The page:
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More than just a bad day at the golf course

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Joe Poelker

Release Date: 5/11/2012

Head colds - they're not just for winter anymore

Julie Busch, M.D.

Dr. Busch, family practitioner, practices at Kirkwood Family Medicine.

It’s bad enough in January, when you suddenly start sneezing and your nose begins to run. Then comes the scratchy throat, swollen sinuses and low-grade fever. You feel awful, but there doesn’t seem to be a lot of sympathy flowing your way. “It’s just a cold.”

But this cold is making you miserable in May, not January. It’s one thing to huddle under the covers and drink hot chicken soup when it’s frigid and blustery outside; it’s quite another to have to sit out the sweetest days of summer because you’re too stuffed up to breathe.

Summer colds actually are more common than you might think. The National Institute of Allergy and Infectious Diseases estimates that 30 to 50 percent of colds are caused by rhinoviruses, which are most active in spring and summer. Winter colds are more likely to be caused by corona viruses, which tend to attack the respiratory system. The “perfect storm” occurs when the two types of viruses combine, making the cold longer-lasting and more difficult to treat.

Some factors that increase the risk of infection are summer-specific, like air-conditioning and hay fever. Air conditioners remove humidity (moisture) from the air, causing the mucous lining of the nose to dry out and encouraging viruses to grow. Allergies, like hay fever, also disrupt the nasal lining, which may result in more severe and longer-lasting symptoms than a winter cold.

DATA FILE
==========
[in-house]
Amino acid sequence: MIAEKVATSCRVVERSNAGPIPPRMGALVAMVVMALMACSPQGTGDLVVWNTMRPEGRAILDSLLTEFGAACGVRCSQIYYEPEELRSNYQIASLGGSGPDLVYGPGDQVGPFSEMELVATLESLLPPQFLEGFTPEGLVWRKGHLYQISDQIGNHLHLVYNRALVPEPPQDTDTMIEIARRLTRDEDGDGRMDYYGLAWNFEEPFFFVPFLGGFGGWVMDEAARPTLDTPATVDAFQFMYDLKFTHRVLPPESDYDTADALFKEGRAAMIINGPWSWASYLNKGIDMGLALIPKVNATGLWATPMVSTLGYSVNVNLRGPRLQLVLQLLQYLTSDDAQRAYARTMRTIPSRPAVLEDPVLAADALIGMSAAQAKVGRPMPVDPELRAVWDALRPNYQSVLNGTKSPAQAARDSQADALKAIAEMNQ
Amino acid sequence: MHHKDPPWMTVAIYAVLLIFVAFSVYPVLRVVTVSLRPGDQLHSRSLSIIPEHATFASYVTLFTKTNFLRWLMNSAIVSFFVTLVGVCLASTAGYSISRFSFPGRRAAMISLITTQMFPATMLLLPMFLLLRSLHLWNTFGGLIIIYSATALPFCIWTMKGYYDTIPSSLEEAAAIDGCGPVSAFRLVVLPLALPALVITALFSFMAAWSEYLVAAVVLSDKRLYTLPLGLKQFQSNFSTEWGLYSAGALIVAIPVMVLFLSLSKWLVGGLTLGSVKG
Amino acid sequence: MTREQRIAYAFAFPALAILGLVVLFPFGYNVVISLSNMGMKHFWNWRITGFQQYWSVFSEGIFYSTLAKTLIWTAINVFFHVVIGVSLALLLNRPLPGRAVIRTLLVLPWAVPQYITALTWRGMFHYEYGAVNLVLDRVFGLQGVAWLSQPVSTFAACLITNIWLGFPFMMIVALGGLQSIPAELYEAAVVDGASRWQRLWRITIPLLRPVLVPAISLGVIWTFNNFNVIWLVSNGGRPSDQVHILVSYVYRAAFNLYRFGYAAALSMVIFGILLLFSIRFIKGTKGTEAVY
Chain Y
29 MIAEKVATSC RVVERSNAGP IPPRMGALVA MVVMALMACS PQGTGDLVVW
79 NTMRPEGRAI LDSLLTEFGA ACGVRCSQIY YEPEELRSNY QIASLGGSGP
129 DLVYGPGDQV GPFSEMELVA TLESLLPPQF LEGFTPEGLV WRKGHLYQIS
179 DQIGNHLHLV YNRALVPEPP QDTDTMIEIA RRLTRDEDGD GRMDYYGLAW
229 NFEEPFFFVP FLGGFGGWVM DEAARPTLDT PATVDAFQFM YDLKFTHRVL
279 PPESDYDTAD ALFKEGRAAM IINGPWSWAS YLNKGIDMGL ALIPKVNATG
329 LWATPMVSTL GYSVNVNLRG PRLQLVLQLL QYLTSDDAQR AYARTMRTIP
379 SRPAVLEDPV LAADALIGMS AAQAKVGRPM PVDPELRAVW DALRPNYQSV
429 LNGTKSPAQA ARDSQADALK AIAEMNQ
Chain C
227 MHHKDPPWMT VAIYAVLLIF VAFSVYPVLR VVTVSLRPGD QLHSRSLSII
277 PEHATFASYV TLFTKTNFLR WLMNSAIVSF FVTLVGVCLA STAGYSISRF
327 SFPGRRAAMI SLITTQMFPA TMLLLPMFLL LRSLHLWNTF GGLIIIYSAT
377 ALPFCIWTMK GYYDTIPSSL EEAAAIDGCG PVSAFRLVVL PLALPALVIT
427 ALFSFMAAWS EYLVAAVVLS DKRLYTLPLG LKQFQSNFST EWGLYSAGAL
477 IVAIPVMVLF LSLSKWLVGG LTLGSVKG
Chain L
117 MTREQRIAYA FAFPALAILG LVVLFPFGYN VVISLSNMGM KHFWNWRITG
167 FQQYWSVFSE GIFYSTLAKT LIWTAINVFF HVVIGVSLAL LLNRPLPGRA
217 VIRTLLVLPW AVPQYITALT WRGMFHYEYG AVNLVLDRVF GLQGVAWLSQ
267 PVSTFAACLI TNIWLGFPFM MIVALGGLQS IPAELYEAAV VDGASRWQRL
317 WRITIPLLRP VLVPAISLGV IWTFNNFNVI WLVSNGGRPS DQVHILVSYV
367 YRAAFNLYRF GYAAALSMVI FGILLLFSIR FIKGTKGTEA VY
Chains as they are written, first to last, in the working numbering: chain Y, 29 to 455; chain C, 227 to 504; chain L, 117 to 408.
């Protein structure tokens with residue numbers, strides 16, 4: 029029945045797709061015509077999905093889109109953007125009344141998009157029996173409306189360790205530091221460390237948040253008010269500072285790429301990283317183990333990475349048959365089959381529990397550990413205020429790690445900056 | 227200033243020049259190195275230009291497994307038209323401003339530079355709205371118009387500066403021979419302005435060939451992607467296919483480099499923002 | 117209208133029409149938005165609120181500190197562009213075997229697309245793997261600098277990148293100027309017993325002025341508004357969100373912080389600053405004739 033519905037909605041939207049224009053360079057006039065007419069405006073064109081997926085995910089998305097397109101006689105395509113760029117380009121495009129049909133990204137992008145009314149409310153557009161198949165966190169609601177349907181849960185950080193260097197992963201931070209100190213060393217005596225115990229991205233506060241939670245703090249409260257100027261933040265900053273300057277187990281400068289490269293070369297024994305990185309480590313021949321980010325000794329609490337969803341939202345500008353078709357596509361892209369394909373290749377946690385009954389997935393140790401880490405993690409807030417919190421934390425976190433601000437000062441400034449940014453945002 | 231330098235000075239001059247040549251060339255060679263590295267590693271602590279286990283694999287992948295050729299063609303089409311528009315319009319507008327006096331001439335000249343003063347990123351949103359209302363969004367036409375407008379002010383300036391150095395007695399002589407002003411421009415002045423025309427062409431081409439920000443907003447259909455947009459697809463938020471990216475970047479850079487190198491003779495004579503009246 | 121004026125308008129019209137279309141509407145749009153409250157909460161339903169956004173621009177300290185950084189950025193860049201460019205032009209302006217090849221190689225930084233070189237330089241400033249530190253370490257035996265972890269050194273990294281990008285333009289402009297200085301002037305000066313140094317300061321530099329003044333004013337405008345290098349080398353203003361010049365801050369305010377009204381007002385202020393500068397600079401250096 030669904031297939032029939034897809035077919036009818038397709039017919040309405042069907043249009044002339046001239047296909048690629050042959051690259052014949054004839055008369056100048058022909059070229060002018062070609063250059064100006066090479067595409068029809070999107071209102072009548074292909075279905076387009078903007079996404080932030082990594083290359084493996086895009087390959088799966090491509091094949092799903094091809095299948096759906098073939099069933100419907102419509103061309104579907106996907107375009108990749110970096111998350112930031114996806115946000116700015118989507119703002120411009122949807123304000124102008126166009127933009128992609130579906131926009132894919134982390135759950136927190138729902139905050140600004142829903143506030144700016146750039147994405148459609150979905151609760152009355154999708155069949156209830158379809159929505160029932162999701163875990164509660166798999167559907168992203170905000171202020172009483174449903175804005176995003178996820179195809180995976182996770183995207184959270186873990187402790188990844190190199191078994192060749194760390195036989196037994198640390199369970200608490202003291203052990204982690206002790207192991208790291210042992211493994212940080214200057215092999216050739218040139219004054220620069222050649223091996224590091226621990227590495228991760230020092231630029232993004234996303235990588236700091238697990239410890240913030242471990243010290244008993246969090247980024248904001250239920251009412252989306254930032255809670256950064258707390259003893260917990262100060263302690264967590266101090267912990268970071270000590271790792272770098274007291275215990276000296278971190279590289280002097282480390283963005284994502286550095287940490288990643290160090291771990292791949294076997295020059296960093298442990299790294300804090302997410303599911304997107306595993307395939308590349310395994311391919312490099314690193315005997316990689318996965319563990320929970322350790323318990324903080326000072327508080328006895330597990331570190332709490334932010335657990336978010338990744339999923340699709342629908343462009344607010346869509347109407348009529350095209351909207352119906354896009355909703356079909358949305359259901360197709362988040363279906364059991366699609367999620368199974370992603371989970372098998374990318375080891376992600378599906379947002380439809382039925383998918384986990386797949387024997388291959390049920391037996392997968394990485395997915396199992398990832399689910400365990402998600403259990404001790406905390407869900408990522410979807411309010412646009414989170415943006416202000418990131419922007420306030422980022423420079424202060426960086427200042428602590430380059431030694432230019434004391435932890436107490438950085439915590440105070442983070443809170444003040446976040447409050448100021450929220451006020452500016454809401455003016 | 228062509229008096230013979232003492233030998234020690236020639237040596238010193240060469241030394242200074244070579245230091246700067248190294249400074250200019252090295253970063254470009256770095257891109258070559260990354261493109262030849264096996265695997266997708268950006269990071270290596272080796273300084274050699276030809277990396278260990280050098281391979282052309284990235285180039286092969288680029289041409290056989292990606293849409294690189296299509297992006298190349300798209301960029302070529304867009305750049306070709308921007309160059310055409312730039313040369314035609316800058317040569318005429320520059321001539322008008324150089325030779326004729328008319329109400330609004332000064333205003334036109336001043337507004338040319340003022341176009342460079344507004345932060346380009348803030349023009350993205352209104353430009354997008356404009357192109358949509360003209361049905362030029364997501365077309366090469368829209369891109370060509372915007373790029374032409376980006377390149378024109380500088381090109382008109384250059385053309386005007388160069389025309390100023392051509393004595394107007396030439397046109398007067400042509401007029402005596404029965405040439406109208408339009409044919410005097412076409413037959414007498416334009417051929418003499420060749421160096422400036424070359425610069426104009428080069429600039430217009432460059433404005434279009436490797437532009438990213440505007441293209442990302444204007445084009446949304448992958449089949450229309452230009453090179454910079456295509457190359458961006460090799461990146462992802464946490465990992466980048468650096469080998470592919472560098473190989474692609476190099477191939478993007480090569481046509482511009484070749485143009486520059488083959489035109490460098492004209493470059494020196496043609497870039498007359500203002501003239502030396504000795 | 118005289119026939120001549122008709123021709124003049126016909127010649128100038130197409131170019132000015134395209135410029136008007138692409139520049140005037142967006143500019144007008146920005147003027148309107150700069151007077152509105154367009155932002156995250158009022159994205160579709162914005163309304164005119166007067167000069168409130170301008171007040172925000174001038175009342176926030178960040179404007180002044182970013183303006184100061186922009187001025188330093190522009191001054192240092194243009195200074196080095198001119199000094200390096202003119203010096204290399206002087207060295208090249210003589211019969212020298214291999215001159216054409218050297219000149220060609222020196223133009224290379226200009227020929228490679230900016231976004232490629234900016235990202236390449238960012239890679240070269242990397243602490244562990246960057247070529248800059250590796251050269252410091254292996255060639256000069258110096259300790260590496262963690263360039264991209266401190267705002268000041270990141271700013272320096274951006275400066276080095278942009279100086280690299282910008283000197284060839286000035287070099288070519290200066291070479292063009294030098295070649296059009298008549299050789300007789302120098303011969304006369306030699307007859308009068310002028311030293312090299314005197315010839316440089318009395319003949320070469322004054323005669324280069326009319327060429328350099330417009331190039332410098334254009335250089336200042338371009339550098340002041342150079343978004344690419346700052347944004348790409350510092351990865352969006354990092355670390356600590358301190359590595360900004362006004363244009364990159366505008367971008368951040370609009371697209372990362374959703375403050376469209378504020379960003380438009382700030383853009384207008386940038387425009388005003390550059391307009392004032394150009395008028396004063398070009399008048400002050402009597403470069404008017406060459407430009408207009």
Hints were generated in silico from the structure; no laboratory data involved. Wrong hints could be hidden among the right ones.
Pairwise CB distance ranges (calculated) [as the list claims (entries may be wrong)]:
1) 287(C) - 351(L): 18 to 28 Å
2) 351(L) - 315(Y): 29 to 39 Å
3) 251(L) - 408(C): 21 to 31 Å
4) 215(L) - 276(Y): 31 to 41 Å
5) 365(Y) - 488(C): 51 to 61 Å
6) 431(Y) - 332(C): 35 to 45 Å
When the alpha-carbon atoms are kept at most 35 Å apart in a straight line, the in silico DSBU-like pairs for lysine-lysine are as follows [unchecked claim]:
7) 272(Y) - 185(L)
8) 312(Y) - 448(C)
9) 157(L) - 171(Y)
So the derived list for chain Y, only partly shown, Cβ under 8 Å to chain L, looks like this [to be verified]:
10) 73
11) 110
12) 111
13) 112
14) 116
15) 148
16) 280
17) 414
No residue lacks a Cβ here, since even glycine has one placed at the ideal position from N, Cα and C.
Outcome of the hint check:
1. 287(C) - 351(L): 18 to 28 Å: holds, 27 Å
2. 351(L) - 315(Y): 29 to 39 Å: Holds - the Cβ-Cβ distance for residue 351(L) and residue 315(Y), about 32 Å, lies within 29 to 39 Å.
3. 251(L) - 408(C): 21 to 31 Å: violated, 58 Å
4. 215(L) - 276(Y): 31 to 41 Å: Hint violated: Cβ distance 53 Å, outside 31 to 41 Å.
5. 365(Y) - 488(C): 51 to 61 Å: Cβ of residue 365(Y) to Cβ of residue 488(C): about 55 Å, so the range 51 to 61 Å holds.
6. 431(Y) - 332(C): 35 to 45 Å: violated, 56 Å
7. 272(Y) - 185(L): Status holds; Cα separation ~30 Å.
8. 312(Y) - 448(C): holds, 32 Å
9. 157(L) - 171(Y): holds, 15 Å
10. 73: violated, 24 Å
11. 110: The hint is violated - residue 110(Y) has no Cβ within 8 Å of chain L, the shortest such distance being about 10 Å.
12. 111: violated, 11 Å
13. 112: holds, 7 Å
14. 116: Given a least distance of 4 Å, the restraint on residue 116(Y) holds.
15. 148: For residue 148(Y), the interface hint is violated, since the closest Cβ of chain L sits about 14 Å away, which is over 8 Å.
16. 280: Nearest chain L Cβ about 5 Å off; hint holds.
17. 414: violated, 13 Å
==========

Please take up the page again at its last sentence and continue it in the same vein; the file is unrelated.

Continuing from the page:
Additionally, more people travel in the summer, exposing themselves to large numbers of people, potentially carrying large numbers of viruses, particularly when confined to close quarters like airplanes or ships. Viruses can live on surfaces such as handrails, doorknobs or telephones for hours, just waiting to claim their next victim.

You can’t avoid coming into contact with cold-causing viruses, but you can lessen your chances of infection by washing your hands frequently and avoiding touching your face as much as possible. Keep in mind, if you experience the same, cold-like symptoms at the same time every year, it’s probably an allergy, not a cold, that you’re experiencing.

Symptoms of a summer cold are no different from symptoms of a winter cold – sneezing, nasal congestion and discharge, sore throat, cough, low-grade fever, headache and malaise. Usually, these symptoms peak on the third or fourth day and begin tapering off around day seven.

Treatment is the same as well – rest, drink liquids and use a humidifier in the room where you sleep. Even though you are anxious to go out and play in the summer sun, physical exertion that leads to stress and fatigue can hamper the immune system’s efforts to fight off the virus. You can help relieve your symptoms with use of over-the-counter decongestants, cough medicine, acetaminophen or anti-inflammatory medication for fever and antihistamines.

If your symptoms continue – or worsen – after 10 days, see your physician. You may have contracted something less common than the “common cold.”


Dr. Busch, a family practitioner, is a member of St. Anthony’s Physician Organization. She practices at Kirkwood Family Medicine, 10296 Big Bend Blvd., 314-543-5943. For a referral to any St. Anthony’s physician, call 314-ANTHONY (268-4669) or 1-800-554-9550.

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